The Sadducees’ question in verse 28 refers to what is called levirate marriage.  The Old Testament scripture in question is Deut. 25:5-6. 

When brothers reside together, and one of them has no son, the wife of the deceased shall not be married outside the family to a stranger.  Her husband’s brother shall go into her, taking her in marriage, and performing the duty of a husband’s brother to her, and the firstborn whom she bears shall succeed to the name of the deceased brother, so that his name may not be blotted out of Israel (Deut. 25:5-6).

            The purpose of levirate marriage was to keep property in the family by raising up an heir for the deceased brother’s share.  If you read on in Deuteronomy 25, a man could get out of the obligation if he was willing to endure public shame for his refusal to do it.  But to refuse clearly was a serious breech of duty. 

            So, the Sadducees came to Jesus.  And using the Old Testament law about levirate marriage, they tried to discredit the idea of resurrection by offering a rather ridiculous hypothetical case.  The eldest of seven brothers died childless.  Each of the remaining six brothers in turn married the widow but also died childless.  Then in verse 33 the Sadducees asked Jesus, “In the resurrection, therefore, whose wife will the woman be?  For the seven had married her.” 

            In Mark and Matthew’s parallels, as Jesus responds, he accuses the Sadducees of knowing neither the scriptures nor the power of God (Mk. 12:24; Mt. 22:29).  Then Jesus goes on to say, “Those who belong to this age marry and are given in marriage, but those who are considered worthy of a place in that age and in the resurrection from the dead neither marry nor are given in marriage.  Indeed they cannot die anymore, because they are like angels and are children of God, being children of the resurrection.” 

            Now let’s unpack that a bit.  Jesus says that there will be no marriage in the resurrection.  And he gives a reason.  Resurrected people “cannot die anymore because they are like angels.”  So in the resurrection we will have immortality, a characteristic we will share with angels.  The implication of that fact is this.  There will be no need to have children.  In this age, a major purpose of marriage is to bear children, because children are necessary to replace those who die.  But in the resurrection, no one will die.  Therefore the necessity for marriage and children is gone.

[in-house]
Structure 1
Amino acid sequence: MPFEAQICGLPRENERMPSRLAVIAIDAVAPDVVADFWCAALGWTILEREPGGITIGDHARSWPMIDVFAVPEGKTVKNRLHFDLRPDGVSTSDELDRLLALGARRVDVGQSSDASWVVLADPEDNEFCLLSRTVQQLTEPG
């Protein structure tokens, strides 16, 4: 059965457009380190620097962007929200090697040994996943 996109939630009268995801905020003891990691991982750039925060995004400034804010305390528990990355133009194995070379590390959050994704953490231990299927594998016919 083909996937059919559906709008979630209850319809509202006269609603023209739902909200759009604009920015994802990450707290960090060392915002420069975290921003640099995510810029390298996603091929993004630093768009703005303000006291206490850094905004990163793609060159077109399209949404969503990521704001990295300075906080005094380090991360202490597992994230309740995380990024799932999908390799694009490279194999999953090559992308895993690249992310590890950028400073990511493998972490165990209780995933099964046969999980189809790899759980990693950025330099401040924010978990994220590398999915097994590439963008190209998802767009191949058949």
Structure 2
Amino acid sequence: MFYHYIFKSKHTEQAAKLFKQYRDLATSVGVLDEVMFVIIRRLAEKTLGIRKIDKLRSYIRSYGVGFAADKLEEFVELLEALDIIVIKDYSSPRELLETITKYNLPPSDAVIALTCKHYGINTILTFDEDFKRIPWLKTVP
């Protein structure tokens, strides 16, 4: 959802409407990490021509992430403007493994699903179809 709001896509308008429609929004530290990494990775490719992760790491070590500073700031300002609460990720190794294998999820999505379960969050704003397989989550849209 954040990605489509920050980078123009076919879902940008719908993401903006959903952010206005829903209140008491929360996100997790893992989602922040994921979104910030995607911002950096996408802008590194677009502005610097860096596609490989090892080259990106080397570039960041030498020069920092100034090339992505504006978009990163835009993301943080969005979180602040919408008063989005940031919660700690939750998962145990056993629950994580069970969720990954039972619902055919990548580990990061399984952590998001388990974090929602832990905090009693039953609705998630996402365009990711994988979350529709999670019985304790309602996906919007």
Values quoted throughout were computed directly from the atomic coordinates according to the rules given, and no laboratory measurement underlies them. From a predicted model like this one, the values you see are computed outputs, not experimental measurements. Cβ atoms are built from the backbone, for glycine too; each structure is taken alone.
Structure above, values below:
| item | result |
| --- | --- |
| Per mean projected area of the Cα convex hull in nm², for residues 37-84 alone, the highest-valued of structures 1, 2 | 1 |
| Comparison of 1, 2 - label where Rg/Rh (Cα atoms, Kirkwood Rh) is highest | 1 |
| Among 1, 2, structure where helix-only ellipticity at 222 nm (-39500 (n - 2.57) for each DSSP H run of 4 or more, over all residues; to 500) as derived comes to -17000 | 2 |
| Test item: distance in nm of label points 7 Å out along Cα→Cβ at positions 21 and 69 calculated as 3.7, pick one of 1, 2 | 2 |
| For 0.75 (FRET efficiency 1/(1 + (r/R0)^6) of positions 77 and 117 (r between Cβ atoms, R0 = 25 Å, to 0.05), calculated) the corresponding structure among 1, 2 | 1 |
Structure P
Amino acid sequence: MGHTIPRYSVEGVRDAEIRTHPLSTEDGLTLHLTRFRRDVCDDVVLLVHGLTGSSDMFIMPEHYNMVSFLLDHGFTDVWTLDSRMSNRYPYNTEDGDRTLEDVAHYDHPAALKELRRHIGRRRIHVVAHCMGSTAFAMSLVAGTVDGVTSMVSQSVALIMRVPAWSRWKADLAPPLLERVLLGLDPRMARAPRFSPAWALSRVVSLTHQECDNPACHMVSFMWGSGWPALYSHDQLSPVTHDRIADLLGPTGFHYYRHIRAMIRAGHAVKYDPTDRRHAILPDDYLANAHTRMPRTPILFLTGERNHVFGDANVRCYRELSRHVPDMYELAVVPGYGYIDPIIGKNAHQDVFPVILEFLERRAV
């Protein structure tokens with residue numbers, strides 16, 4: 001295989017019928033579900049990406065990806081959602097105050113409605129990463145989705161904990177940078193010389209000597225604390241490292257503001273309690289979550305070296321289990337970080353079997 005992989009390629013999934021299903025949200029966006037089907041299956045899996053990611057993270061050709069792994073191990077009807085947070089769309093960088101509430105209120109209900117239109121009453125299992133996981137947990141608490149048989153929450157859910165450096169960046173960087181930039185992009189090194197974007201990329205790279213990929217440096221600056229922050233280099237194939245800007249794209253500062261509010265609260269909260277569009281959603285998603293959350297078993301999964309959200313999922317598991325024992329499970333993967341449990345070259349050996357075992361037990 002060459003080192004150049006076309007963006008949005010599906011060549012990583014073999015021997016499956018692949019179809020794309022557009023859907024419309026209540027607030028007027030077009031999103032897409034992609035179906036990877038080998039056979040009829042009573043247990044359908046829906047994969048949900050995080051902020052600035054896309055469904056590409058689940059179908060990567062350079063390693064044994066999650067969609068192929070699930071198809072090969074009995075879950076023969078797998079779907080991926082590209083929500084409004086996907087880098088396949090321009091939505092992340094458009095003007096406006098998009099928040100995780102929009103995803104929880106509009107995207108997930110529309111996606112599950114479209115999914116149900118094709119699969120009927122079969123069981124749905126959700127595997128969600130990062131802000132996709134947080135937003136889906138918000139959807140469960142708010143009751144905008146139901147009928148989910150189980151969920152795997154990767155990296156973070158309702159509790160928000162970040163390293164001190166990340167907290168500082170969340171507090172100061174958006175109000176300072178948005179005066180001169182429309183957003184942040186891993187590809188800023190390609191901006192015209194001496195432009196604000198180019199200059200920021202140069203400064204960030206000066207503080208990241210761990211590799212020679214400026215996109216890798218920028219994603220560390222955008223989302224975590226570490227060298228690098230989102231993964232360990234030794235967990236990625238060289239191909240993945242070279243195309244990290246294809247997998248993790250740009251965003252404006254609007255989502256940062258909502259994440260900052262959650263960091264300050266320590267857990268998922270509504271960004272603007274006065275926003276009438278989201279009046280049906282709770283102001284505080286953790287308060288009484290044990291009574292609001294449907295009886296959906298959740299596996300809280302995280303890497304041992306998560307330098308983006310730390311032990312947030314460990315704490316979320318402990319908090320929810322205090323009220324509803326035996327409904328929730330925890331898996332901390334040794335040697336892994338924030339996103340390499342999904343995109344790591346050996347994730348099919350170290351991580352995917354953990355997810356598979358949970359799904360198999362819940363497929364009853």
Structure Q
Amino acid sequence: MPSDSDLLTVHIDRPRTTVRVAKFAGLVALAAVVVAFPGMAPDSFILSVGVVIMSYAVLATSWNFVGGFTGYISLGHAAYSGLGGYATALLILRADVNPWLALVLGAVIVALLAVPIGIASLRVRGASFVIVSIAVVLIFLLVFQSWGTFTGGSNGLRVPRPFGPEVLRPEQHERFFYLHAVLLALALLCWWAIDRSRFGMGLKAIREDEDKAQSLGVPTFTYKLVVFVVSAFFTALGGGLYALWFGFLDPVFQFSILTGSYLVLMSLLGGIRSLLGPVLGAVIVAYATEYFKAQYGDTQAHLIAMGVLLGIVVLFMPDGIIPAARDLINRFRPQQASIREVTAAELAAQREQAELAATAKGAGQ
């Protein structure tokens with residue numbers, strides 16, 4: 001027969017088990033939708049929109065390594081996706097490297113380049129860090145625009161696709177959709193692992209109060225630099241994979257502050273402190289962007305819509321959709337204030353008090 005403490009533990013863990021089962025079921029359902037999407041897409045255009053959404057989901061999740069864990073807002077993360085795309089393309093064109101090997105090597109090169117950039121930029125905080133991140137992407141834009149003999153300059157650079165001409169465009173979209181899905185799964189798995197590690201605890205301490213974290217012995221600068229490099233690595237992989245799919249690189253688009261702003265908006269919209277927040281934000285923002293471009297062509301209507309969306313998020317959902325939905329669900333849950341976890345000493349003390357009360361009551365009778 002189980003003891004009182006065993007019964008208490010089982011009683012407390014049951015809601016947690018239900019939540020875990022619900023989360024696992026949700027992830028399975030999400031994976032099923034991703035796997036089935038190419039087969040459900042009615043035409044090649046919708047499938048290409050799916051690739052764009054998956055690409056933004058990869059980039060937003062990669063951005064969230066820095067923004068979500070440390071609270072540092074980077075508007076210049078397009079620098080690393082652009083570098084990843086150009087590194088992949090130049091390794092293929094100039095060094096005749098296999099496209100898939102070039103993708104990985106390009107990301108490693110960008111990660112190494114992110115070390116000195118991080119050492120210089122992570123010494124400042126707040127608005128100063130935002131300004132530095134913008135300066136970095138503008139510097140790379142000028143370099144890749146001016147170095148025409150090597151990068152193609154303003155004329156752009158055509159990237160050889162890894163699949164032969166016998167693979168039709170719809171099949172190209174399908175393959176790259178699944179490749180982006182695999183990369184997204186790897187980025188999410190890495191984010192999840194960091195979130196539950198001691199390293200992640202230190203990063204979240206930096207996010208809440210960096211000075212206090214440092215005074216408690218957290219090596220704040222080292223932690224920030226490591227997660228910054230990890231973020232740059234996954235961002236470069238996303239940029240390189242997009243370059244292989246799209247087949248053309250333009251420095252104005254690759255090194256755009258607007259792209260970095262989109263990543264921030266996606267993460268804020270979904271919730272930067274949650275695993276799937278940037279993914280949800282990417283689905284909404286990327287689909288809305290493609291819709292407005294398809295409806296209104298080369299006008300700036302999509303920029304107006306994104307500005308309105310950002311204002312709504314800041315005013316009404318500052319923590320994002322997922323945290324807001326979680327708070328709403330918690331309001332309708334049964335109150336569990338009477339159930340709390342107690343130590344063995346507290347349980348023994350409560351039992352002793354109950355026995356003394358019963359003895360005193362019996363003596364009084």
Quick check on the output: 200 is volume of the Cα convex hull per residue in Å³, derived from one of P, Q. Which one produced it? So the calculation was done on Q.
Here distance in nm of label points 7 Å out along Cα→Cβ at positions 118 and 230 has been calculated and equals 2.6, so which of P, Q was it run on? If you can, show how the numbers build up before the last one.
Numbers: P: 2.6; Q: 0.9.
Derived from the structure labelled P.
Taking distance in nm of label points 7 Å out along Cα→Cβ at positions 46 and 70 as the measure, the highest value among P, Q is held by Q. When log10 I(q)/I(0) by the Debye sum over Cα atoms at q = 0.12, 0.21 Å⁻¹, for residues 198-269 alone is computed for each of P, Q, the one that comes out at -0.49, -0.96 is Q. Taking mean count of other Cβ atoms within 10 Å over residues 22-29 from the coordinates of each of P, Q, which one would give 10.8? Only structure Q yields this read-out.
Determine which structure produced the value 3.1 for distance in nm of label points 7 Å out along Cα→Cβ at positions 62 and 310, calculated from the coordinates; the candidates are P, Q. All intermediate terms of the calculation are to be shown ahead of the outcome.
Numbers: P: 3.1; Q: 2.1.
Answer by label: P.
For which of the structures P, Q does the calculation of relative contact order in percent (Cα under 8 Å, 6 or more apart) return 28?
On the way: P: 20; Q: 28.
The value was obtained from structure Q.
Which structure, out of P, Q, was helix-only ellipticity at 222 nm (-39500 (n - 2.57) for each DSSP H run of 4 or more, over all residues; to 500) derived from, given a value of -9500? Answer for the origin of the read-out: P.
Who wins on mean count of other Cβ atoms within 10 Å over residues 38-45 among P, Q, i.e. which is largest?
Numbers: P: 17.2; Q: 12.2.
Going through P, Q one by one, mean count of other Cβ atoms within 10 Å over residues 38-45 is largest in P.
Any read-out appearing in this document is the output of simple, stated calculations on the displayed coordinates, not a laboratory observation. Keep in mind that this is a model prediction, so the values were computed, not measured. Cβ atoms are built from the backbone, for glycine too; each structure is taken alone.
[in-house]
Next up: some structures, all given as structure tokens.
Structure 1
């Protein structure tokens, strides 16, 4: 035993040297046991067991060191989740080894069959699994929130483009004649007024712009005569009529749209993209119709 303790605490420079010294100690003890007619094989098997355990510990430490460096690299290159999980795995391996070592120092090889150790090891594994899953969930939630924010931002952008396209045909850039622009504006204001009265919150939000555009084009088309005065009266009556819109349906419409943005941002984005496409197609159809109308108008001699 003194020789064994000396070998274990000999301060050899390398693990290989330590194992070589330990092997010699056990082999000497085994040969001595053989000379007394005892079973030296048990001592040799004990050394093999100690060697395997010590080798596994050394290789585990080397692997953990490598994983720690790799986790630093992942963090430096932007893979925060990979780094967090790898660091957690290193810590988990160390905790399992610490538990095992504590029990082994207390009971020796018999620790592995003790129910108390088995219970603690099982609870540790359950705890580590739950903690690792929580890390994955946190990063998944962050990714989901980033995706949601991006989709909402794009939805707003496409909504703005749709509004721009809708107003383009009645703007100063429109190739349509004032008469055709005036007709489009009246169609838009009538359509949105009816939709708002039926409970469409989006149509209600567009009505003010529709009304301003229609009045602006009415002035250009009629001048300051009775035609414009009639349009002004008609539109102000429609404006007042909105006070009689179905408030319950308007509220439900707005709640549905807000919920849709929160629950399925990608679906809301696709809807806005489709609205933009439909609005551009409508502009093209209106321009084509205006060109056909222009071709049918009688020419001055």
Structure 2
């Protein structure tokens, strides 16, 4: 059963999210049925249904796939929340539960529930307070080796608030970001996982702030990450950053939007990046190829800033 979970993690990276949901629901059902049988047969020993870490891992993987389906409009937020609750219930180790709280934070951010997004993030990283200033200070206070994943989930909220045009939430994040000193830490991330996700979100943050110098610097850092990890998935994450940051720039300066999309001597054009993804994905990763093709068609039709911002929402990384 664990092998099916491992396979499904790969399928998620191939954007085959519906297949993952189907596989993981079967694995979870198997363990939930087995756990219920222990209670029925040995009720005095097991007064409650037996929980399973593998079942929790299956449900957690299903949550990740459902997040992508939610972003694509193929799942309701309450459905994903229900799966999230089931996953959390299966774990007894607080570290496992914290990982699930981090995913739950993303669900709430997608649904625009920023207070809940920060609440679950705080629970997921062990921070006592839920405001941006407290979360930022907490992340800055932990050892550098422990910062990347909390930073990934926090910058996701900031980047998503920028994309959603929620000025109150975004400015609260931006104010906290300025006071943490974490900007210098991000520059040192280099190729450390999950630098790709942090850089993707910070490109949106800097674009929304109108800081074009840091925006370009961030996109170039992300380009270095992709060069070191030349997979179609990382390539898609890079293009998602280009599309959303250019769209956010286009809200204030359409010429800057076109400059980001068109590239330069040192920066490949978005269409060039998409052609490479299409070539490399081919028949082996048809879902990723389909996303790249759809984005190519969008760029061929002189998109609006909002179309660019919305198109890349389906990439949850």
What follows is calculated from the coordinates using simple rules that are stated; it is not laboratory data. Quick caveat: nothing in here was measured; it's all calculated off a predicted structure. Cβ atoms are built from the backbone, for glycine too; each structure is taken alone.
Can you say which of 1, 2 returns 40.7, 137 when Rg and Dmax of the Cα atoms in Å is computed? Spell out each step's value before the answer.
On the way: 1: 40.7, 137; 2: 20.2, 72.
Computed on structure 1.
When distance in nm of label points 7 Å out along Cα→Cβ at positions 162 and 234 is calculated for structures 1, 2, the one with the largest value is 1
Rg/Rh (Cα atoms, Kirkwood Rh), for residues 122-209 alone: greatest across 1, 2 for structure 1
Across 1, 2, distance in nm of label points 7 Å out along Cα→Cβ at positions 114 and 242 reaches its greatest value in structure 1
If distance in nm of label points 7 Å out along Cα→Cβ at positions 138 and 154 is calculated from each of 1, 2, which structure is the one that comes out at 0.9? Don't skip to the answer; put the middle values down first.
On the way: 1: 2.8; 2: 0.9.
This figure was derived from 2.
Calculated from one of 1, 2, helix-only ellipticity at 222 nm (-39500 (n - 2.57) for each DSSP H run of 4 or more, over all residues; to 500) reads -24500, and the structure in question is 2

Some have interpreted this to mean that marriage relationships forged in this life will be dissolved in heaven.  Jesus did not say that.  He said that marriage as an institution is dissolved in heaven, because it no longer will be needed.  But I believe the relationships will transcend to a new level and be even more meaningful than they are here. 

            Next, Jesus used an illustration from Exodus three to demonstrate that Moses did teach about the resurrection.  When Moses saw a burning bush, he approached it, and God engaged him in conversation.  During that conversation, God declared, “I am the God of Abraham, the God of Isaac, and the God of Jacob” (Ex. 3:6).  Jesus says about that event, “Now he is God not of the dead but of the living; for to him [that is to God] all of them are alive.”  Wow!  Notice that we only get an indirect reaction from the Sadducees.  It is in verse 40: “For they no longer dared to ask him another question.” In other words, like those interacting with Jesus on the issue of paying taxes to the emperor, “They became silent.”  However we get a direct reaction from certain scribes who were in the audience.  They were impressed with Jesus’ bible lesson and said so. 

            To summarize, Jesus affirmed what the Sadducees denied.  He affirmed the existence of angels, the reality of life after death, and the reality of a future resurrection.